Every Student Succeeding: Rodney Lacanienta
Rodney Lacanienta will be the first to tell you that growing up, he made some bad choices. After years of bouncing in and out of prison and struggling with addiction, Rodney finally found his way with the help of his family and the committed educators at Poway Adult School in the Poway Unified School District in San Diego. He faced his fears and never missed a day of school, becoming more active in his church and acting as a role model to fellow students. Rodney graduated high school this month and is moving on to his next effort, earning an advanced degree in theology at Calvary Chapel Bible College in Murietta, CA. Longtime ACSA members Kathleen Porter, Teresa Palzkill, and Adult Education Committee member Pam Garramone all worked together as a team to provide support to the Poway Adult School, Rodney’s gateway to a fresh start and a new life.
August 8, 2017
Poway student finds redemption after prison
His fall from grace is difficult to comprehend. Rodney Lacanienta had a self-described “good and normal upbringing.” He grew up in a two parent household with a loving family. Rodney Lacanienta was not lacking for anything or anyone. But somewhere along the way, something changed that sent Rodney on a downward spiral.
“It started when I was around 13 or 14,” Rodney said. “I got jumped in a gang. Started smoking weed. Started drinking a lot of alcohol. Stealing cars. Then I got into drugs heavily. And I just liked that feeling. I did crystal meth. That first feeling was just the rush. And I was just chasing it ever since then. It wasn’t a cheap drug. At 14, we don’t have jobs or anything so we do what we gotta do to get money. I stole cars. I robbed drug dealers. I robbed people that loved me because that was the easiest one.”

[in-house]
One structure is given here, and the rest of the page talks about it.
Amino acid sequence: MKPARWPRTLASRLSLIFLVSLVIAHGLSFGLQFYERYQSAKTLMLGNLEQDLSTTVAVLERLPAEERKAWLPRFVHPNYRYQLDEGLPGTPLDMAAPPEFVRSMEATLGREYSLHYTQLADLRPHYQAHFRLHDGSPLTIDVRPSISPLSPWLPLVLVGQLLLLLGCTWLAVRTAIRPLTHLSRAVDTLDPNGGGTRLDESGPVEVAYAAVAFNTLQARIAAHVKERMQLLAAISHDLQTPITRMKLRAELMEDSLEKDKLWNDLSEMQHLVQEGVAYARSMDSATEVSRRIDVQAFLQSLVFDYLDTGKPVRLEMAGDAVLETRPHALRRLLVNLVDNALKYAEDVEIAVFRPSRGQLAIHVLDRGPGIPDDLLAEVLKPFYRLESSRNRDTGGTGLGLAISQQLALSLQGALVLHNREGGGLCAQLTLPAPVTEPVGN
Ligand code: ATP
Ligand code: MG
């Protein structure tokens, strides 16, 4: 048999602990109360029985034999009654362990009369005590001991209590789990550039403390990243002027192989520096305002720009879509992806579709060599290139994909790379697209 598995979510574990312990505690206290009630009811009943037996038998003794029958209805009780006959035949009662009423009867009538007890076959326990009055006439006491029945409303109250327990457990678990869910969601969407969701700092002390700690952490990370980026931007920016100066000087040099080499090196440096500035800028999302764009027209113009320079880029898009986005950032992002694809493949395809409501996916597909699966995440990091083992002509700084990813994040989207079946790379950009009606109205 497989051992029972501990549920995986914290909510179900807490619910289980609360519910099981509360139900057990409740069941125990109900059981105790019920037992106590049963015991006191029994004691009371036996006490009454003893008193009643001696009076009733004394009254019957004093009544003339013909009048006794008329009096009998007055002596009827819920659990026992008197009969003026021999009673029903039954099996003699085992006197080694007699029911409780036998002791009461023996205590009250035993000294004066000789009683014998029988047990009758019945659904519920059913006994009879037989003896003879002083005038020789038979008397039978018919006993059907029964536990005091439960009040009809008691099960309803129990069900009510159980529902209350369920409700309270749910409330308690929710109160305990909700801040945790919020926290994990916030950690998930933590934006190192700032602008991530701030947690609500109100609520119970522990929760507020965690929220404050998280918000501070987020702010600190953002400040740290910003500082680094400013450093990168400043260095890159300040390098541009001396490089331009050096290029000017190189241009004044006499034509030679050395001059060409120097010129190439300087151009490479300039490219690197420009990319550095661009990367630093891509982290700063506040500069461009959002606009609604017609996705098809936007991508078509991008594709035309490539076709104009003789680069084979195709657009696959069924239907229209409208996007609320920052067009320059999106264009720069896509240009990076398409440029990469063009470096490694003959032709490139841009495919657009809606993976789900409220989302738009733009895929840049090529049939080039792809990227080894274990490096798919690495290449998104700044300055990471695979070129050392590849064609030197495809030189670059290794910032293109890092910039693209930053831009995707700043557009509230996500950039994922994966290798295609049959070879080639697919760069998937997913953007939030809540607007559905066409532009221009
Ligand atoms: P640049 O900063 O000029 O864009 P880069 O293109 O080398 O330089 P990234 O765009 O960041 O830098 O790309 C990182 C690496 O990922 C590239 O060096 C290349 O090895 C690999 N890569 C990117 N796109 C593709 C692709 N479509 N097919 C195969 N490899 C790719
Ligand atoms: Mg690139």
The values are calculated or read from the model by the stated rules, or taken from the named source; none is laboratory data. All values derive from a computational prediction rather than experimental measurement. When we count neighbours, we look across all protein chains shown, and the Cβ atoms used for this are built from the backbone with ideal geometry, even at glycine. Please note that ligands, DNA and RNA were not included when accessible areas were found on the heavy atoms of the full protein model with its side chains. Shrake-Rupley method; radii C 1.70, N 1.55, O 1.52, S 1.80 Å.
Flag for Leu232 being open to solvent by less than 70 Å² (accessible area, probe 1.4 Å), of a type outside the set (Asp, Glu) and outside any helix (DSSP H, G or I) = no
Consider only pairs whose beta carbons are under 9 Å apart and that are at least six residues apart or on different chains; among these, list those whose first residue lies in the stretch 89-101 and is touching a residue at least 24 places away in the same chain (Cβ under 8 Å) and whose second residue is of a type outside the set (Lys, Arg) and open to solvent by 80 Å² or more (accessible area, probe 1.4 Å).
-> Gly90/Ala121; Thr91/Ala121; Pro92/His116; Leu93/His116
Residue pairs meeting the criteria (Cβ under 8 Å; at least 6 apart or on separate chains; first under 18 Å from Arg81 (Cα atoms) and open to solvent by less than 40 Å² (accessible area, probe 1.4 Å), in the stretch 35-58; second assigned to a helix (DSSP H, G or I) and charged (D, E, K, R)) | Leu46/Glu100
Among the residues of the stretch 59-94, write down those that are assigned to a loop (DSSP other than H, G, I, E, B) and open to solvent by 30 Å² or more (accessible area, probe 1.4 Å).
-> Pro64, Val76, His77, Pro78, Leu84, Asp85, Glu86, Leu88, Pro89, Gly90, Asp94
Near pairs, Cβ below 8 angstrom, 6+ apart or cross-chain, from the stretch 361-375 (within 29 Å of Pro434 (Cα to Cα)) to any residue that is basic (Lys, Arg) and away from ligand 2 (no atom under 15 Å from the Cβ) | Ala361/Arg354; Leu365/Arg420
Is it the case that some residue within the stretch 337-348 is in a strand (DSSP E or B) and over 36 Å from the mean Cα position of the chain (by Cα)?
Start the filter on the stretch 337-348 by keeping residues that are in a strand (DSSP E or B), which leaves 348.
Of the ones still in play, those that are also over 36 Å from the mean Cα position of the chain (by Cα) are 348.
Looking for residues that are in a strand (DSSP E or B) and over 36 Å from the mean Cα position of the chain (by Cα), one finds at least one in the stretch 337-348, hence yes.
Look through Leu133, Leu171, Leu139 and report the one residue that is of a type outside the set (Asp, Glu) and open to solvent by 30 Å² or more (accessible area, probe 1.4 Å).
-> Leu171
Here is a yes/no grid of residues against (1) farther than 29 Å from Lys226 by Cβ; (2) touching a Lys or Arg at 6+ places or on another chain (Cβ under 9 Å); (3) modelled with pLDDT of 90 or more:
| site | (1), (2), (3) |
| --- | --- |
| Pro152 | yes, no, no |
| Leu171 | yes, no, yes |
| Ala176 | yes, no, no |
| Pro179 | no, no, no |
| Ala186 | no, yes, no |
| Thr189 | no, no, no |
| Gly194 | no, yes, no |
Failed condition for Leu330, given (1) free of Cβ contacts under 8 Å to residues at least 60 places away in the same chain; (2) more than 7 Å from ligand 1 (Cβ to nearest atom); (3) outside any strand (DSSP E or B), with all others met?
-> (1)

Rodney says he’s been arrested more times than he can remember.
“I’ve been to all the jails in San Diego and all the jails in Nevada,” he said.
After two stints in prison in Nevada, Rodney was released in 2015. It had been eight years since he made contact with his family. When asked how he could explain the lengthy estrangement, Rodney chalked it up to fear and disappointment.
“I love my family,” he said. “I love my mom and dad so much that when I’m on drugs, I don’t like them to see it. I don’t want to be around them. So as long as I’m on drugs, I stay away. It just hurts me for them to see me all strung out and messed up. So I just stayed away. Because of my embarrassment, I would never have the energy or the power to even call or reach out and call them.”
Rodney called his mom and said he was ready to return home to San Diego. His parents welcomed him with open arms. But his father had one rule: Rodney needed to return to school and earn his diploma.
“I would not tolerate him being with me and not doing anything,” Jose Lacanienta said. “I’m not going to have him languish, watching TV all day and do nothing.”
Rodney enrolled in Poway Adult School where he quickly excelled as a student.
“He was so eager to make a change in his life,” Poway Adult School teacher Johanna Reynolds said. “And to just finally finish up his education. He knew what he wanted to do. And he did everything he could to do it well. So he took pride in his work. And he took pride in his choices to make a better life for himself.”
Rodney initially feared he would struggle going back to school. But he credits his teachers for his success.
“I just felt like I could do this,” Rodney said. “They made me realize my potential. And they gave me so much encouragement and it became a reality for me.”
On Aug. 2, Rodney graduated from Poway Adult School and plans to pursue a college degree in theology in hopes of becoming a faith-based counselor.
“It doesn’t matter how far gone you are,” he said. “You can always pick up the pieces and succeed if you want to. It’s not going to be easy. I can tell you that. But if you want it, you can have it.”